Line Items: Debt Ceiling Edition

Taking It to the Limit – The statutory debt ceiling is back. The temporary suspension of the debt limit enacted earlier this year was lifted on May 19. The Treasury Department has begun extraordinary measures to hold off a default. Treasury Secretary Jacob Lew says the measures should last until after Labor Day, though he urged quick action. The Hill notes these so-called "extraordinary measures" have become commonplace in recent years as the debt limit has become a political hot potato. The latest deadline sparked little action from policymakers as budget talks remain stalled. Waiting until another debt ceiling crisis is directly in front of us is not a good idea. Standard & Poor’s, the credit rating agency that downgraded the U.S. credit rating after the last debt limit fight, warns that another such episode could result in another downgrade. Our leaders should be working now on a comprehensive plan that would make raising the debt limit more palatable. Keep track of debt limit developments here and get familiarized with the debt ceiling with our primer.

Sequester Replacement Bill Introduced – House Democrats on Monday introduced legislation to replace sequestration for two years with a package of roughly equal spending cuts and revenue increases. This is a positive step towards replacing the sequester, although we would prefer a comprehensive plan that addresses the long-term drivers of the debt. Learn more about sequestration with our Sequestration Resource Page.

Appropriations Process Moves Forward – Even without a concurrent budget resolution Congress is moving forward with spending bills for the fiscal year beginning October 1. Predictably, the House and Senate are far apart. The Senate is using topline spending numbers $91 billion higher than the House because the Senate does not include the sequestration cuts. The House assumes the sequester is maintained but includes defense and security spending beyond the caps, making up for the increase with further cuts to domestic spending such as education. The House Appropriations Committee approved of the Military Construction and Veterans Affairs spending bill on Tuesday.

CBO Scores President’s Budget – On Friday the Congressional Budget Office (CBO) released its score of the President’s fiscal year 2014 budget. CBO says the budget will reduce deficits by $1.1 trillion over ten years relative to its baseline. The score confirms that the budget is a step in the right direction in putting the debt on a downward path as a share of the economy. But CRFB noted in a statement that more would be needed to be done to ensure adequate long-term debt reduction. Read our full analysis here.

Confirmation Hearing for OMB Deputy – The Senate Budget Committee held a confirmation hearing on Tuesday for the designee to be Deputy Director of the Office of Management and Budget (OMB), Brian Deese. In his testimony, Deese mentioned his commitment to crafting a sound fiscal policy. “Much of my professional work has focused on the role that fiscal policy can play in promoting stronger and more durable economic growth. I believe that sound fiscal policy requires all of us to not shy away from our long-term fiscal challenges and to work diligently to reduce our deficits to strengthen the economy for both current and future generations. If confirmed, I will work closely with Director Burwell to build on the progress we have made and to help find common ground on the kind of comprehensive deficit reduction plan that will achieve these vital objectives.”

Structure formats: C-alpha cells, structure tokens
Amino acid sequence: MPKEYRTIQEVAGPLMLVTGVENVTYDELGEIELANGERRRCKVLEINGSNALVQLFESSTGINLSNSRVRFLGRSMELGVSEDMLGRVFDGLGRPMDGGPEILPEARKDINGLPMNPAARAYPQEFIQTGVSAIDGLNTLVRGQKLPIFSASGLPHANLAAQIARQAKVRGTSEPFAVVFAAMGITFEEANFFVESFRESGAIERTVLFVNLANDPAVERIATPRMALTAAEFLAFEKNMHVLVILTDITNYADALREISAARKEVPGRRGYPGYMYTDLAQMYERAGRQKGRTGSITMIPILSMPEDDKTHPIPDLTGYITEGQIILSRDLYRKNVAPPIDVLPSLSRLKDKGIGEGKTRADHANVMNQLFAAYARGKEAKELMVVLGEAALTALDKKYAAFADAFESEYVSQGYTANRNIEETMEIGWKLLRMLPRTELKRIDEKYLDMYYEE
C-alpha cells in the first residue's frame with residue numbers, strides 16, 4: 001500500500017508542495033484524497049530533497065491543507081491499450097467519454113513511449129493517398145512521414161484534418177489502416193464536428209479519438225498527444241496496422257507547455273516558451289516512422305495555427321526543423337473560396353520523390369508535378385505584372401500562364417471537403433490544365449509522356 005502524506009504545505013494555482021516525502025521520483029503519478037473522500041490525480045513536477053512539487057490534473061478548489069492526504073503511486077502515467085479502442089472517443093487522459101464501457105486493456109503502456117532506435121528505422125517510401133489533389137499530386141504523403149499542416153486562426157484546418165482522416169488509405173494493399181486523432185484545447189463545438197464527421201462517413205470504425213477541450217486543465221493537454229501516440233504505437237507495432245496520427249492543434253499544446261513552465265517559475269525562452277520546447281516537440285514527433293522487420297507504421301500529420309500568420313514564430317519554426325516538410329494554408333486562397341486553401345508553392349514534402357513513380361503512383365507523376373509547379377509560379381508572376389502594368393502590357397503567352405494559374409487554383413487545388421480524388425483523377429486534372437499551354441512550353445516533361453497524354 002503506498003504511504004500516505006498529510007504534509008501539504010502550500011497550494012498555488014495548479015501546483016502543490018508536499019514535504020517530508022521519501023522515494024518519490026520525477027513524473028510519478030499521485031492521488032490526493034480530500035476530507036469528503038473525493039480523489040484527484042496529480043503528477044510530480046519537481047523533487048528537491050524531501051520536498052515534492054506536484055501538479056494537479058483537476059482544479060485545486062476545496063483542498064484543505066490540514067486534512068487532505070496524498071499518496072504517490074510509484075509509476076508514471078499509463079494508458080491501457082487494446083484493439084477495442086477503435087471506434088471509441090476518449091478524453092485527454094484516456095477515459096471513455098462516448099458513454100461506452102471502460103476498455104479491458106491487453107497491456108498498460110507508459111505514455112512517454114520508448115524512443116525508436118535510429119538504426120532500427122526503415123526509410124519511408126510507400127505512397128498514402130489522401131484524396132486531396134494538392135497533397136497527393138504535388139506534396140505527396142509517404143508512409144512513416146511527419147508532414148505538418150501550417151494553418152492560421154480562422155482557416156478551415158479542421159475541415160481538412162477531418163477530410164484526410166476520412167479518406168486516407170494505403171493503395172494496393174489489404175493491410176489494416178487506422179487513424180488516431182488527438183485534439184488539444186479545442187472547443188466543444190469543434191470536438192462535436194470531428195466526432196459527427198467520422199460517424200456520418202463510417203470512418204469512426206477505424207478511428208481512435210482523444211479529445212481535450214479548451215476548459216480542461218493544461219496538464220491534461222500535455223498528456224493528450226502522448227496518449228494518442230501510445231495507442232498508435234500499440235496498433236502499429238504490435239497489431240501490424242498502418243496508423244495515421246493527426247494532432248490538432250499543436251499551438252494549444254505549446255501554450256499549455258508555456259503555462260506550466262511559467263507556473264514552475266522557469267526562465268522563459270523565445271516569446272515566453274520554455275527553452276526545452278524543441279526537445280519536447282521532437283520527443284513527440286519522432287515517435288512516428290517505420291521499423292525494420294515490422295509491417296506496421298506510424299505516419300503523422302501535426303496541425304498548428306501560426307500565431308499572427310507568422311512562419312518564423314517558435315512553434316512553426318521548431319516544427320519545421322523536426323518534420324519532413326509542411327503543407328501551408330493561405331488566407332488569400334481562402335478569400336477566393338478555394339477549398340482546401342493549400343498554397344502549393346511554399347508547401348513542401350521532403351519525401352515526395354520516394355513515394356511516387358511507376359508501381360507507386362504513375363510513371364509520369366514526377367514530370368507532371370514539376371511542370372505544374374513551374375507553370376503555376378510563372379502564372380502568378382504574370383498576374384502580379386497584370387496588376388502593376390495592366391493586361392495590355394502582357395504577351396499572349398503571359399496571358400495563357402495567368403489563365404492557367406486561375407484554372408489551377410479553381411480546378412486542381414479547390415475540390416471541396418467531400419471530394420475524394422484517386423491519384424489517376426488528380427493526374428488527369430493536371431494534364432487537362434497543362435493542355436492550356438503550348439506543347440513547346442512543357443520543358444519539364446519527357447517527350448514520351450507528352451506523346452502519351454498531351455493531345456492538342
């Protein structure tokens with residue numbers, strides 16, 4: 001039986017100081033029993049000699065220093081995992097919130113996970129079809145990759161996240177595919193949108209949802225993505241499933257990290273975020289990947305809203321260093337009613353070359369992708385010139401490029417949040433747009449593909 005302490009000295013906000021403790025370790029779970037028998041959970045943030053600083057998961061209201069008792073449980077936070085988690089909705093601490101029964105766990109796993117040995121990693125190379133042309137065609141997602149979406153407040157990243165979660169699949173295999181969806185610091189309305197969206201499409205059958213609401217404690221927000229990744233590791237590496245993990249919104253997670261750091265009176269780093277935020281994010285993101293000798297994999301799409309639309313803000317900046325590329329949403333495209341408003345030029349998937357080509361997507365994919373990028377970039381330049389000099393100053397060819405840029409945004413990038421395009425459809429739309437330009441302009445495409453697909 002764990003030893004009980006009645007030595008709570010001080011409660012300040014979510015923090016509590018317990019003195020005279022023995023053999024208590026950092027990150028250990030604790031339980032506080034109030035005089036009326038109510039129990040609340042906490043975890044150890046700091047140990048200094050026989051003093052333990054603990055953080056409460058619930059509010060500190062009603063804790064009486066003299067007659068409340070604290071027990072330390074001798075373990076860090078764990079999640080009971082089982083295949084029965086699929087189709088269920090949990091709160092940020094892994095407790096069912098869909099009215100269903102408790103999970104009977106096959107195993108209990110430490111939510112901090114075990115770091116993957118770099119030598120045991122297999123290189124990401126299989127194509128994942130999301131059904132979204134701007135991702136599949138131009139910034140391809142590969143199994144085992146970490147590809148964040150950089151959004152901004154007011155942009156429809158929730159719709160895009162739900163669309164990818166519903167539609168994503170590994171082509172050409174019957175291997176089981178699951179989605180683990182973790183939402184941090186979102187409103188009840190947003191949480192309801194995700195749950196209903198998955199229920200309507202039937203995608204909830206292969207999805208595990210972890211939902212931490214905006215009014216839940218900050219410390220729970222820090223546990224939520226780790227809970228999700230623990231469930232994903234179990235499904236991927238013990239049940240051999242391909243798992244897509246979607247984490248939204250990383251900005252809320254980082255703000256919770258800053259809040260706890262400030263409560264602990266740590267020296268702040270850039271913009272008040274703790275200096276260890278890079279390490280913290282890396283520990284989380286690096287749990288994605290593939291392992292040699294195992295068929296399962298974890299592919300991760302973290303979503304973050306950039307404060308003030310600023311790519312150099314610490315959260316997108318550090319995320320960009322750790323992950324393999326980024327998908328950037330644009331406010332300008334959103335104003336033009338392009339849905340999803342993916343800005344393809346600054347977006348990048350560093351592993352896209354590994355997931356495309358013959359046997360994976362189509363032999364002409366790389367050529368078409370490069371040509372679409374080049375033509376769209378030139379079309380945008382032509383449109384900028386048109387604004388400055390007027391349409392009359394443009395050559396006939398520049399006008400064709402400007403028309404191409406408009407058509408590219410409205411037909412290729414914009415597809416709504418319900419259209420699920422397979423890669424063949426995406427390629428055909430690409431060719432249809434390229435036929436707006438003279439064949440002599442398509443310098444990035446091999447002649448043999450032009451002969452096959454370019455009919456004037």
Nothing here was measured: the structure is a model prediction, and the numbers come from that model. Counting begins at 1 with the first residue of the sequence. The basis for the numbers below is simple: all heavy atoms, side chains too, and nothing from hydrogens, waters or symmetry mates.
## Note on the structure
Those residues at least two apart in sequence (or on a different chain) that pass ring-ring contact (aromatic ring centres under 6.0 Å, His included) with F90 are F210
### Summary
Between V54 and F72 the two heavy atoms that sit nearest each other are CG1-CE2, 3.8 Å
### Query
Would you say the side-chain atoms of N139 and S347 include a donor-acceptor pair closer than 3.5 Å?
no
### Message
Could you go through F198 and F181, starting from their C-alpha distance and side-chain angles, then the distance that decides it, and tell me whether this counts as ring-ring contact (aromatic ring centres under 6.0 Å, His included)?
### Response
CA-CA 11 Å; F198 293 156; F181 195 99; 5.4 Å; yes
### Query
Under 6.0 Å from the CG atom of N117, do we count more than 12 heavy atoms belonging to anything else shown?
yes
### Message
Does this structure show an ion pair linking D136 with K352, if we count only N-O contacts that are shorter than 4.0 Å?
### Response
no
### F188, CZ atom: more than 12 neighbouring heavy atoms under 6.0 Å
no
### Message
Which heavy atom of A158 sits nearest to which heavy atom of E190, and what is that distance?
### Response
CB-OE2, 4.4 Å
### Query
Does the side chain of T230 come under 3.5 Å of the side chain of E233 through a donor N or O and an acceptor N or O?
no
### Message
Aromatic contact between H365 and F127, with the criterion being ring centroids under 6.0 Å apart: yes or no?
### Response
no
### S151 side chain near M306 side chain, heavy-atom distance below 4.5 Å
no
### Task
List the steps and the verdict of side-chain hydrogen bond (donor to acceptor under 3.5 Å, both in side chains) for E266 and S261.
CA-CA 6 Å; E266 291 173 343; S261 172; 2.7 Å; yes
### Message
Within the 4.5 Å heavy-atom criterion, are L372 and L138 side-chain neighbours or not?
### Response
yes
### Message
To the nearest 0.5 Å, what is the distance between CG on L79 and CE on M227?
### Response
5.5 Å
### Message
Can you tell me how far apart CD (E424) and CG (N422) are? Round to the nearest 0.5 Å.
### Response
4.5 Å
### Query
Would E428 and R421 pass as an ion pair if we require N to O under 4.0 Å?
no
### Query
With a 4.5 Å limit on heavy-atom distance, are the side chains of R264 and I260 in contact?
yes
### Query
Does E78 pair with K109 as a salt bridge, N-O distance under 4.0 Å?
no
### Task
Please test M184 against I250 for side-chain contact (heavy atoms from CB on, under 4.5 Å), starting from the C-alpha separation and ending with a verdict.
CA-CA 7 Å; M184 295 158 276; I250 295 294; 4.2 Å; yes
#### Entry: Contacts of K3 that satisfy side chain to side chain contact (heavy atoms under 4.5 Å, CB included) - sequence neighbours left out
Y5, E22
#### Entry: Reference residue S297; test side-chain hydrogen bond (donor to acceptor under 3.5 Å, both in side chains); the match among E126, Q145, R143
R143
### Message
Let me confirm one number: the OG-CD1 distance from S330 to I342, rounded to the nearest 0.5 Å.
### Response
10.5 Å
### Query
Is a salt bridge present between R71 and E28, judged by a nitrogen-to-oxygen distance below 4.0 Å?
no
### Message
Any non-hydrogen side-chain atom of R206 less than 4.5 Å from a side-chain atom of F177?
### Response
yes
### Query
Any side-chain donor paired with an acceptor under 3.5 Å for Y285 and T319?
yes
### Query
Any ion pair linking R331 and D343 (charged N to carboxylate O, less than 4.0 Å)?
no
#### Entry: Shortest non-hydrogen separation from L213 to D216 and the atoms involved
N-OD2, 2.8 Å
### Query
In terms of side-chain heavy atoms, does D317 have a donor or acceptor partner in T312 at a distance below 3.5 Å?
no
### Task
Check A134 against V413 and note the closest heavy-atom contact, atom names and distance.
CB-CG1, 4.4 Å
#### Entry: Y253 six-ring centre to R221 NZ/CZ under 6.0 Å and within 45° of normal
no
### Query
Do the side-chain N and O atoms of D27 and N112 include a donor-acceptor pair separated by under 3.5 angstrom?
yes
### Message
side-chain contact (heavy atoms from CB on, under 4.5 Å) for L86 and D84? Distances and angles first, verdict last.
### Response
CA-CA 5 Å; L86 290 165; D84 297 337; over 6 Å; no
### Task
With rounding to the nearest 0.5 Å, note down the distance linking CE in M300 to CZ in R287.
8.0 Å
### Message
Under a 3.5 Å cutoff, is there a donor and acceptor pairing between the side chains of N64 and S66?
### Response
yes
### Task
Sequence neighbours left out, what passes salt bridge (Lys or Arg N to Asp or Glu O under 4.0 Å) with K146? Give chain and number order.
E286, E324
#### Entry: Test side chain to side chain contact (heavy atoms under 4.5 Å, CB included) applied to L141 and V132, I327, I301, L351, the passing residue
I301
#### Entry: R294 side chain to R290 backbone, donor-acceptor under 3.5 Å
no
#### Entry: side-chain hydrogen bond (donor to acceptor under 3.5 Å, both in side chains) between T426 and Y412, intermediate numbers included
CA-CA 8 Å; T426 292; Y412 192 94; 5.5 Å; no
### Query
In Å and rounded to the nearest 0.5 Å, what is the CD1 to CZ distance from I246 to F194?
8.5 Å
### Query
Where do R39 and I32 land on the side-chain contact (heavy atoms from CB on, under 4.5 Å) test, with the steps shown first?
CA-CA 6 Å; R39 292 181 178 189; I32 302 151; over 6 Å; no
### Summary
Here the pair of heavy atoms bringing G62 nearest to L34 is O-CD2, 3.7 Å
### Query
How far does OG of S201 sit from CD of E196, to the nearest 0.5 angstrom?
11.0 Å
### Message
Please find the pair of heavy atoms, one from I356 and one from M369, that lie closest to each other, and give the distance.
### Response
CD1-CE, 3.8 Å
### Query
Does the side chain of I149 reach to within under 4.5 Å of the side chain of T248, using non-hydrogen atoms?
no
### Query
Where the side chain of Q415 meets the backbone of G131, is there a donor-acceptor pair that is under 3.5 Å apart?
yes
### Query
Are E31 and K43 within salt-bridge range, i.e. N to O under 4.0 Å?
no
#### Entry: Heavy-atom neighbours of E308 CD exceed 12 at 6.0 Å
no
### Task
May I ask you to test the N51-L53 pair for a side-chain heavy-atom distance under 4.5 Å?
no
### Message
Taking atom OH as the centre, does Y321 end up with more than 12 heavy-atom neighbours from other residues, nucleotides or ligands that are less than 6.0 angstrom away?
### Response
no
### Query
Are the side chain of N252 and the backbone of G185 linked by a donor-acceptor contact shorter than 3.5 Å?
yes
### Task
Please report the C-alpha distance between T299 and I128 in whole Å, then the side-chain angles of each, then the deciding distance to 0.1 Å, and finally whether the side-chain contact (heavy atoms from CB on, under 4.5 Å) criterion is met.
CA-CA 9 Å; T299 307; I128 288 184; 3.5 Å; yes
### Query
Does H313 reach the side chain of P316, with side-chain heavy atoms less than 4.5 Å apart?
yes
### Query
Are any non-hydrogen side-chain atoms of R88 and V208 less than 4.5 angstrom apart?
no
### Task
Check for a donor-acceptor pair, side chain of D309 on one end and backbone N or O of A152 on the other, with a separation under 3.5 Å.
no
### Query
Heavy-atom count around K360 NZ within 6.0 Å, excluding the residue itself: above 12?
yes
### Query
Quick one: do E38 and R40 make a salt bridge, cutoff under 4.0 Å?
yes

Hearings Expose Need for Tax Reform – High-profile congressional hearings on the IRS scandal over tax-exempt 501(c)4 organizations and efforts by Apple Inc. to lower its tax burden have spotlighted the need for tax reform. Bipartisan, bicameral efforts to fundamentally reform the tax code continue. Try your hand at corporate tax reform with our interactive calculator.

Key Upcoming Dates (all times are ET)

May 22

  • Joint Economic Committee hearing on "The Economic Outlook" with Federal Reserve Chair Ben Bernanke at 10 am.
  • Senate Budget Committee hearing on "Supporting Broad-Based Economic Growth and Fiscal Responsibility through Tax Reform at 2:30 pm.

May 23

  • House Committee on Ways and Means Social Security Subcommittee hearing on the President's and other bipartisan entitlement reform proposals at 9:30 am.

May 30

  • Bureau of Economic Analysis releases second estimate of 2013 1st quarter GDP.

June 7

  • Bureau of Labor Statistics releases May 2013 employment data.

June 15

  • Deadline for estimated quarterly individual and corporate tax payments.

June 18

  • Dept. of Labor's Bureau of Labor Statistics releases May 2013 Consumer Price Index data.

June 26

  • Bureau of Economic Analysis releases third estimate of 2013 1st quarter GDP.

June 28

  • The date Treasury Department expects a nearly $60 billion payment from Fannie Mae, which will help delay the time by which lawmakers will need to raise the debt ceiling.

July 5

  • Bureau of Labor Statistics releases June 2013 employment data.

July 16

  • Dept. of Labor's Bureau of Labor Statistics releases June 2013 Consumer Price Index data.

July 31

  • Bureau of Economic Analysis releases advance estimate of 2013 2nd quarter GDP.